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Resveratrol—the hype continues
Posted By Patrick J. Skerrett On February 3, 2012 @ 4:38 pm In Drugs and Supplements,Health | Comments Disabled
Oh, the giddy abandon that overtakes some headline writers when crowning a story about resveratrol, a chemical found in red wine. Here’s a sampling of the latest:
All that for an article published today in the journal Cell suggesting that resveratrol blocks the action of a muscle enzyme called phosphodiesterase 4 in mice. Don’t get me wrong: it’s interesting research, that could—emphasis on “could”—open the door someday to new treatments for heart disease, diabetes, memory loss, and other chronic conditions. But it doesn’t merit the hype that comes with almost any new research on resveratrol.
Resveratrol is a compound that various plants make to fight off bacteria, fungi, and other microbial attackers, or to withstand drought or lack of nutrients. It has been found in red and purple grapes, blueberries, cranberries, mulberries, lingonberries, peanuts, and pistachios. Resveratrol is also abundant in the roots of Japanese knotweed, a plant that has become a hard-to-eradicate invader in the United States.
In 1992, two Cornell University plant scientists suggested that resveratrol might be responsible for the cardiovascular benefits of red wine. Since then, hundreds of reports have indicated that resveratrol may—emphasis on “may”—protect against cancer, cardiovascular disease, vascular dementia, and Alzheimer’s disease, and extend the life span.
Exactly how resveratrol might do all this is still a mystery. One possibility is that it turns on genes that make sirtuins, ancient proteins found in virtually all species. Activating sirtuins kicks off a response that fights disease and prolongs life. The Cell researchers were trying to figure out just how resveratrol might turn on sirtuin genes.
Virtually all of the positive studies on resveratrol have come from cultures of cells or laboratory experiments with yeast, roundworms, fruit flies, the short-lived turquoise killifish, or mice. The few human studies have looked at specific intermediate markers, such as levels of antioxidants, heart rate variability, blood flow to the brain, and amounts of cancer proteins. None have measured long-term health or survival.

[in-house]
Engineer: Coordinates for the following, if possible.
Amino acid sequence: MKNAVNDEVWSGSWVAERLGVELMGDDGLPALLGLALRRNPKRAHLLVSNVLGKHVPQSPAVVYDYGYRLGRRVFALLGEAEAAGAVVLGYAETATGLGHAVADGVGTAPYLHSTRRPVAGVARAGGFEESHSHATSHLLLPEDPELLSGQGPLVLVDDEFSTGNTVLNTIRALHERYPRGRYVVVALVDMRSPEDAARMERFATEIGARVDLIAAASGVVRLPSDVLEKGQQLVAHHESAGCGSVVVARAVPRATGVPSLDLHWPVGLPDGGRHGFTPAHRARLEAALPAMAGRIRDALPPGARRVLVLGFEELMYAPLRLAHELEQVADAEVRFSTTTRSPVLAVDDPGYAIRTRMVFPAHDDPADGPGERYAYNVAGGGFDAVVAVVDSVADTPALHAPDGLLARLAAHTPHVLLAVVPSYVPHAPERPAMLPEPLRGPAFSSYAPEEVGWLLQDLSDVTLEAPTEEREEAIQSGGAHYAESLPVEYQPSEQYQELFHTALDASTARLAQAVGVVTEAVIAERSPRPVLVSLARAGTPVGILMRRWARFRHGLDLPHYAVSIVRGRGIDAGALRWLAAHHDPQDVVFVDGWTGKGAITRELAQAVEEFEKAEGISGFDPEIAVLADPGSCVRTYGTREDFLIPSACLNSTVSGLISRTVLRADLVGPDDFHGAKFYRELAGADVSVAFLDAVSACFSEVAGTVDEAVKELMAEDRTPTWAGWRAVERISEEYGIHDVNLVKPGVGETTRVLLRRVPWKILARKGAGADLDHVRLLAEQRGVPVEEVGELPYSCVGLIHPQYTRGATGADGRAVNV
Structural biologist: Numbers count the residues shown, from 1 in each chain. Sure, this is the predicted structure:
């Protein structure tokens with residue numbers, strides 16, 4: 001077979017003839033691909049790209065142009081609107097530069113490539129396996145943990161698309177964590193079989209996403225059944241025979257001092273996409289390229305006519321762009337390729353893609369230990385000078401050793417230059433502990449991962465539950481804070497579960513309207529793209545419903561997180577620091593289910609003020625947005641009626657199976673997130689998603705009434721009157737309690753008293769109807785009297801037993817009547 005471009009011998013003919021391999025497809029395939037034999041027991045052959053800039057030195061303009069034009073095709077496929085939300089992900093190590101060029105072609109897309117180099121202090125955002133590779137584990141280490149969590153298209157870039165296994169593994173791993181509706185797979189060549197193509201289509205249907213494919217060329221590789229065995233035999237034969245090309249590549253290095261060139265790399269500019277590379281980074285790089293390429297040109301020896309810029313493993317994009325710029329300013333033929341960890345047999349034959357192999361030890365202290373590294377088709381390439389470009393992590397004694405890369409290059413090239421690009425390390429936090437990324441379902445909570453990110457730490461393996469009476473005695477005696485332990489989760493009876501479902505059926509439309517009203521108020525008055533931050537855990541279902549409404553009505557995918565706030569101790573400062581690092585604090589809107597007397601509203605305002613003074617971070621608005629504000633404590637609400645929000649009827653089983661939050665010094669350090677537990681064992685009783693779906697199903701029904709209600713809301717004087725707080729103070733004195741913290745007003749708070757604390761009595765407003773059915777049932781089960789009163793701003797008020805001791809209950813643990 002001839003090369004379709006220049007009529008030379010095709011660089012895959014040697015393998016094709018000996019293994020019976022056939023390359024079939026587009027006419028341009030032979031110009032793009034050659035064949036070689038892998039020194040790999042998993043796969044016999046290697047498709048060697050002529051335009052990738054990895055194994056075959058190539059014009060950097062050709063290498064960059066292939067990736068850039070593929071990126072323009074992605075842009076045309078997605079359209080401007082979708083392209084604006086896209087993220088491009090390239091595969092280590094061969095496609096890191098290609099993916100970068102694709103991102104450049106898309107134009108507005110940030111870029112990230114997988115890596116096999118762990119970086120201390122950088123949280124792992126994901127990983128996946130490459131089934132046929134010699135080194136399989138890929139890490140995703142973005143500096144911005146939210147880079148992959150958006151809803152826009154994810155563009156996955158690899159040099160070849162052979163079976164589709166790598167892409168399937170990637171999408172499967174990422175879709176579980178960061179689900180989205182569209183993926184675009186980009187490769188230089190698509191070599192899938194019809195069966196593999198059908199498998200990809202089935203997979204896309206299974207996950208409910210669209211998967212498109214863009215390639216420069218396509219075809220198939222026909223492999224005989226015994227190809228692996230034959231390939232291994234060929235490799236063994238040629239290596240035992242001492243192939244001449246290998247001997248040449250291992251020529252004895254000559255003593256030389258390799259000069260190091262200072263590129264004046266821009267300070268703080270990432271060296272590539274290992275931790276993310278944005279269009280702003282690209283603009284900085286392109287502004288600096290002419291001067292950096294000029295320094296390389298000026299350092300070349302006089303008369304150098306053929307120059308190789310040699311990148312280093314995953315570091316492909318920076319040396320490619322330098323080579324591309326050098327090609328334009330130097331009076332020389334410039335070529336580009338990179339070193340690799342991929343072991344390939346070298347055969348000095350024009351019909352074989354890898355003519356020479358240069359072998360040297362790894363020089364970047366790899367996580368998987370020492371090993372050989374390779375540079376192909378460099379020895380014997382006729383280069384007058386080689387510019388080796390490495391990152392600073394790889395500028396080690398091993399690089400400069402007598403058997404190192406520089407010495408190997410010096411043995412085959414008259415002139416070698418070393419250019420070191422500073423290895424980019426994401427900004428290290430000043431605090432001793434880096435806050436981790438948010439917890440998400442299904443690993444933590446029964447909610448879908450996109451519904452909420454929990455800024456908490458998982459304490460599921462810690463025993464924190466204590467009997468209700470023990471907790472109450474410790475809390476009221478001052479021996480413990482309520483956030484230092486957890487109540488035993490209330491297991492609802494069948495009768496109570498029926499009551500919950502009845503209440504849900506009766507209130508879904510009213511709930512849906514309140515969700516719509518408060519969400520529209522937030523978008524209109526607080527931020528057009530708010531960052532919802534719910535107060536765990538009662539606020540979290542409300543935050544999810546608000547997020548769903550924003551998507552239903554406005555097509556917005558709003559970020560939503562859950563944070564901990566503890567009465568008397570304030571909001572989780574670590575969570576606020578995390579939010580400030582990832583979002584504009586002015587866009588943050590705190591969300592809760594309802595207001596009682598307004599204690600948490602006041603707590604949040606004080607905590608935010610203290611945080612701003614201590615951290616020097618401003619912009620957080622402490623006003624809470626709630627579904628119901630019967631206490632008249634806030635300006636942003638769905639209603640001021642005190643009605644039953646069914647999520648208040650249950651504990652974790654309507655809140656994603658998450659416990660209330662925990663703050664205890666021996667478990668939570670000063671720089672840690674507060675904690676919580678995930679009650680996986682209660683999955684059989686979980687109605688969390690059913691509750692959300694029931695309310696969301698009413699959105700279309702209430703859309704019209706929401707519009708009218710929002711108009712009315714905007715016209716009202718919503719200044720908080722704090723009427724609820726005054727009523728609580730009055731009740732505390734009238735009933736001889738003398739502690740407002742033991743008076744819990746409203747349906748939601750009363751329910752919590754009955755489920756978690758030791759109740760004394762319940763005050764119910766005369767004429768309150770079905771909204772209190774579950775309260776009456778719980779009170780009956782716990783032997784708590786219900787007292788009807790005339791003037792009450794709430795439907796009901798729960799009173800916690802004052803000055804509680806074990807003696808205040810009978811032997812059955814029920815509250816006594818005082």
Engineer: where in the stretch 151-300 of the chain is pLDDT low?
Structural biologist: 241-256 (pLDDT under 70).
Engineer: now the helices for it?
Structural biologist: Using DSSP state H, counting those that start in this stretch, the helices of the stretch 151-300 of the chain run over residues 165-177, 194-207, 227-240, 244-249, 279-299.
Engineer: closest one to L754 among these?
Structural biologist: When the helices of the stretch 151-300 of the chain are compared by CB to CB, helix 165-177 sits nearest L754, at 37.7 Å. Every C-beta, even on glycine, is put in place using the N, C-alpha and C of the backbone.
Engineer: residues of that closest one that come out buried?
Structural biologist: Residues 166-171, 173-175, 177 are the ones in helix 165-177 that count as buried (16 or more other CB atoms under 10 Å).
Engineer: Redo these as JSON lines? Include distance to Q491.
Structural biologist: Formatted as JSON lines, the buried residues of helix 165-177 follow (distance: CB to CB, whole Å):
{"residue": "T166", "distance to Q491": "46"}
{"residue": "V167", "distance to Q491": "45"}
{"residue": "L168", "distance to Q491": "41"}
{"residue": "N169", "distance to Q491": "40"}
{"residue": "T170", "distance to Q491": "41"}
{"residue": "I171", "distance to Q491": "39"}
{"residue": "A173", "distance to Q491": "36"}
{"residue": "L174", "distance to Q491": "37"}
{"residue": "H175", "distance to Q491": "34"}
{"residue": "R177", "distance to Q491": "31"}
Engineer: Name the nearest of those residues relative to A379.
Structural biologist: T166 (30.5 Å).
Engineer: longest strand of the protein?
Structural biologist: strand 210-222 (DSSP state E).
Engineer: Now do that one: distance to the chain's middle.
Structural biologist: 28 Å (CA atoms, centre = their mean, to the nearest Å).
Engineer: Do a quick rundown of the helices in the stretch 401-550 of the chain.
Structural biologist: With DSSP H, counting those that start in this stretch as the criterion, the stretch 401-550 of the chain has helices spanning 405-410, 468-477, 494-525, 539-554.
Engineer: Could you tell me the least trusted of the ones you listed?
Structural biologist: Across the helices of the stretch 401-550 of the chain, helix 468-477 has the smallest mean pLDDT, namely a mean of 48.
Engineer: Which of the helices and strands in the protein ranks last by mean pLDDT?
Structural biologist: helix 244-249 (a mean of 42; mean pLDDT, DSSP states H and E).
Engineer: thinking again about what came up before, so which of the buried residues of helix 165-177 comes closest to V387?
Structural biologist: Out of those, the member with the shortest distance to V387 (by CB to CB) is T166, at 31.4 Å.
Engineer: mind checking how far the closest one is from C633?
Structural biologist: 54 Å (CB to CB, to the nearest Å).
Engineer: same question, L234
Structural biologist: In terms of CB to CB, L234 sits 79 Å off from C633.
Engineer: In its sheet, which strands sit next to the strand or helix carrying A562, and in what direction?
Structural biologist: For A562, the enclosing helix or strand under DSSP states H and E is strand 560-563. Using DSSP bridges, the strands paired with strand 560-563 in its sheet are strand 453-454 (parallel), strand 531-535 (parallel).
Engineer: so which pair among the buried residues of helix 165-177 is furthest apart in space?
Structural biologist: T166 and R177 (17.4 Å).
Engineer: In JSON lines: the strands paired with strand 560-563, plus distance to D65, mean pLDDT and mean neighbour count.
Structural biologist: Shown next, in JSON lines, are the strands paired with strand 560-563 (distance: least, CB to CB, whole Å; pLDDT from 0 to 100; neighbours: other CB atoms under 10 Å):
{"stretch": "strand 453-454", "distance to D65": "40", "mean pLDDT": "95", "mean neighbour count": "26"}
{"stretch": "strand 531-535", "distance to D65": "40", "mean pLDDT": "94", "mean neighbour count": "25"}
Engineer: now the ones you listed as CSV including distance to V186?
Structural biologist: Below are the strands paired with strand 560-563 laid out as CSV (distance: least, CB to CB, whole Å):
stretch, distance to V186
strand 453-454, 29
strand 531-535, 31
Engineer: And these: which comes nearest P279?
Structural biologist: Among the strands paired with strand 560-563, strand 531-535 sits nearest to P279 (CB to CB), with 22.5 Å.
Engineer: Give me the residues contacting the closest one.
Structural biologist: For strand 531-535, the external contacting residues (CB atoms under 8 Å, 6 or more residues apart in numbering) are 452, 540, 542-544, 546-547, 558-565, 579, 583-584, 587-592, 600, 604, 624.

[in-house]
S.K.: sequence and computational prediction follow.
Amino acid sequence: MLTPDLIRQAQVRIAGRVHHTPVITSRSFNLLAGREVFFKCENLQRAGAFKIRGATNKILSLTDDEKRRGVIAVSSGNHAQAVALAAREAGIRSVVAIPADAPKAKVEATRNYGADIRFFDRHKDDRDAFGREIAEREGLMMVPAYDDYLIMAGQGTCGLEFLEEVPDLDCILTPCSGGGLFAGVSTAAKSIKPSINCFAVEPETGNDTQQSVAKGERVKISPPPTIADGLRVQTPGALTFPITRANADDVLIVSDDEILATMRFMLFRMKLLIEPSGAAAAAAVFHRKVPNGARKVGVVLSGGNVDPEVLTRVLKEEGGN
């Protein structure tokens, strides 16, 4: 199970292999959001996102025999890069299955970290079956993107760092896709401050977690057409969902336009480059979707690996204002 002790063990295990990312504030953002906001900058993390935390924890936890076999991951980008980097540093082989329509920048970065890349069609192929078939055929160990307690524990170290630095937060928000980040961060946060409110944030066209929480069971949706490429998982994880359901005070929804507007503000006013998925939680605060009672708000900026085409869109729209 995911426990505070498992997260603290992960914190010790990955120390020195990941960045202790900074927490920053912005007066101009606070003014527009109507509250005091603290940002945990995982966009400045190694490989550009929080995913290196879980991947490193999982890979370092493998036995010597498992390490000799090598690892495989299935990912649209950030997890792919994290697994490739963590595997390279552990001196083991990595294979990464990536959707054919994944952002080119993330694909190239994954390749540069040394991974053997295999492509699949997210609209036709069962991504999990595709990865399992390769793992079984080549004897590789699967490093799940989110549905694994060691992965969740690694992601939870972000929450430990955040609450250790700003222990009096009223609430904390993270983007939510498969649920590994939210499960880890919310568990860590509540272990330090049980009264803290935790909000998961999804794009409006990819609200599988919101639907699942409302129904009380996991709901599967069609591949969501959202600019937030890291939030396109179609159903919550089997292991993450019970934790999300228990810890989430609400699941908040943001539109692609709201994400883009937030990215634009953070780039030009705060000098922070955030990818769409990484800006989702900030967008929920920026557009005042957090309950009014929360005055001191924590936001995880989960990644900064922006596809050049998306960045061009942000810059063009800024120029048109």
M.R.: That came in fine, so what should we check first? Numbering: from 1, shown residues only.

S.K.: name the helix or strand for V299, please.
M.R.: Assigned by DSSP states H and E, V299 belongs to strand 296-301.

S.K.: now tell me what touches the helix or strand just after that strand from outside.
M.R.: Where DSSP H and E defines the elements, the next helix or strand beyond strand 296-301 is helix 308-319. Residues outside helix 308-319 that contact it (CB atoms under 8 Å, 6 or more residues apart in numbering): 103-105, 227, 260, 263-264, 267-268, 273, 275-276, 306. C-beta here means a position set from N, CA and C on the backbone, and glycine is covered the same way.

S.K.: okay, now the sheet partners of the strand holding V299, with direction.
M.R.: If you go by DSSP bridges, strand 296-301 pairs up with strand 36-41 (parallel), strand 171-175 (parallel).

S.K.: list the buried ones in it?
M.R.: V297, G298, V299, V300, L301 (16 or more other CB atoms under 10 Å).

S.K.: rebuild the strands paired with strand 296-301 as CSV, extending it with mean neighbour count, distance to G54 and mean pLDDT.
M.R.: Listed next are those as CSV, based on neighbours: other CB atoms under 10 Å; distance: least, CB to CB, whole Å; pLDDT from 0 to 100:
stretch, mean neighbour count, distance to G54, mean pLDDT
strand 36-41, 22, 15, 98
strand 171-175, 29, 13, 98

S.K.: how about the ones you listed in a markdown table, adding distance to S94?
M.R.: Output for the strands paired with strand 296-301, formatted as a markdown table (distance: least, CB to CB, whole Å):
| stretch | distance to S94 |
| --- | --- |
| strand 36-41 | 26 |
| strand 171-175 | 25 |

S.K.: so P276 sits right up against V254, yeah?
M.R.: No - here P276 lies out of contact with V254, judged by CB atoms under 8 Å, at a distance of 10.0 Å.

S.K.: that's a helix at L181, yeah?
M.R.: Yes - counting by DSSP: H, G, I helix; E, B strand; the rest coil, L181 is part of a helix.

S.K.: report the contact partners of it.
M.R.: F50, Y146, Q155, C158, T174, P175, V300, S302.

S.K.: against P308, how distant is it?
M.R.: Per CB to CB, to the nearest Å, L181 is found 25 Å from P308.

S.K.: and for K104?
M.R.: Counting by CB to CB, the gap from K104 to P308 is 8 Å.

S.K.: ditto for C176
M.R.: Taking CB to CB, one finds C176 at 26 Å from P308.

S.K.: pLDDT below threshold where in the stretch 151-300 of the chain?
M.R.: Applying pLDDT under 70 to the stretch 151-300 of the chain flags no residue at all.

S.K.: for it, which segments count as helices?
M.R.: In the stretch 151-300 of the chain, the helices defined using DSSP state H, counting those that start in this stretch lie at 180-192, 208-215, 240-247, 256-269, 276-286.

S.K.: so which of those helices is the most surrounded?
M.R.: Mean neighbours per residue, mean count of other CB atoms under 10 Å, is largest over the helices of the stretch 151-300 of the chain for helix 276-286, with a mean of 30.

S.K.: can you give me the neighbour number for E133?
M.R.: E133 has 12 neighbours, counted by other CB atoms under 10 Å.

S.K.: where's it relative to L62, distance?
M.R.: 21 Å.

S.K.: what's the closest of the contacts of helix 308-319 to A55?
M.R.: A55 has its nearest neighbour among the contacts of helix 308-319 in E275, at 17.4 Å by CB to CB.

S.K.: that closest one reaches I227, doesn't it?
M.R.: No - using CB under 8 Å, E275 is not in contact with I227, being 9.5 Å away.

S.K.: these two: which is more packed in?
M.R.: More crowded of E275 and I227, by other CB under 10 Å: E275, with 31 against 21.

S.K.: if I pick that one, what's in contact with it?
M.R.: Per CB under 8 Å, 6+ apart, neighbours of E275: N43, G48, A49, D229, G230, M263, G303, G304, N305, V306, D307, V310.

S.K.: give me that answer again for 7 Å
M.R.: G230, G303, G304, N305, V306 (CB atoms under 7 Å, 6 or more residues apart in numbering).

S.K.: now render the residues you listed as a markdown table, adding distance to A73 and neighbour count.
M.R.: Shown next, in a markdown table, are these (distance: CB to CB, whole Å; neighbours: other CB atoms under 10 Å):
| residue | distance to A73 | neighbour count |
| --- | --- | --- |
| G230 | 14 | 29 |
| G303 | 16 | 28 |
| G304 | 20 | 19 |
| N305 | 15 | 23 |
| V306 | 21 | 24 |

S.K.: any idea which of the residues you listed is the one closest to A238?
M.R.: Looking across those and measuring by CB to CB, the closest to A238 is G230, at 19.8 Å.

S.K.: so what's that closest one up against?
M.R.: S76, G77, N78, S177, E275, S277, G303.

Another big unknown is side effects. Resveratrol acts on many different tissues in the body. It is chemically related to estrogen. In some situations, high doses of resveratrol boost the activity of estrogen, in others they block estrogen. That makes resveratrol supplements iffy for women with cancer of the breast, ovary, uterus, or other estrogen-sensitive tissue, those trying to become pregnant, or those taking an oral contraceptive.
Resveratrol makes platelets in the bloodstream less “sticky,” and so could increase the risk of bleeding in people who take warfarin (Coumadin), clopidogrel (Plavix), aspirin, ibuprofen, or other nonsteroidal anti-inflammatory drugs.
Another cloud: a company called Sirtris Pharmaceuticals, which was established to develop drugs from resveratrol, pulled the plug on the program in 2010 when a clinical trial showed that one of these drugs might be linked to kidney damage.
If you believe that resveratrol will help you live longer and healthier, get it from food or wine, not by choking down resveratrol pills. Why? Eating red grapes, blueberries, and pistachios, or having a glass of your favorite red wine, are pleasurable ways to take in resveratrol. Plus you get all the other healthful plant products that come with the resveratrol. Getting it via supplement is dull, and you can’t always trust what you are getting. If you choose to take a supplement, shop carefully. A review by the independent ConsumerLab found that one brand cost just 15 cents per 100 milligrams of resveratrol, while another cost $2.76 per 100 milligrams.
It’s worth keeping an eye on resveratrol research. But it’s far too soon to be promoting it as a fountain of youth or wonder drug.
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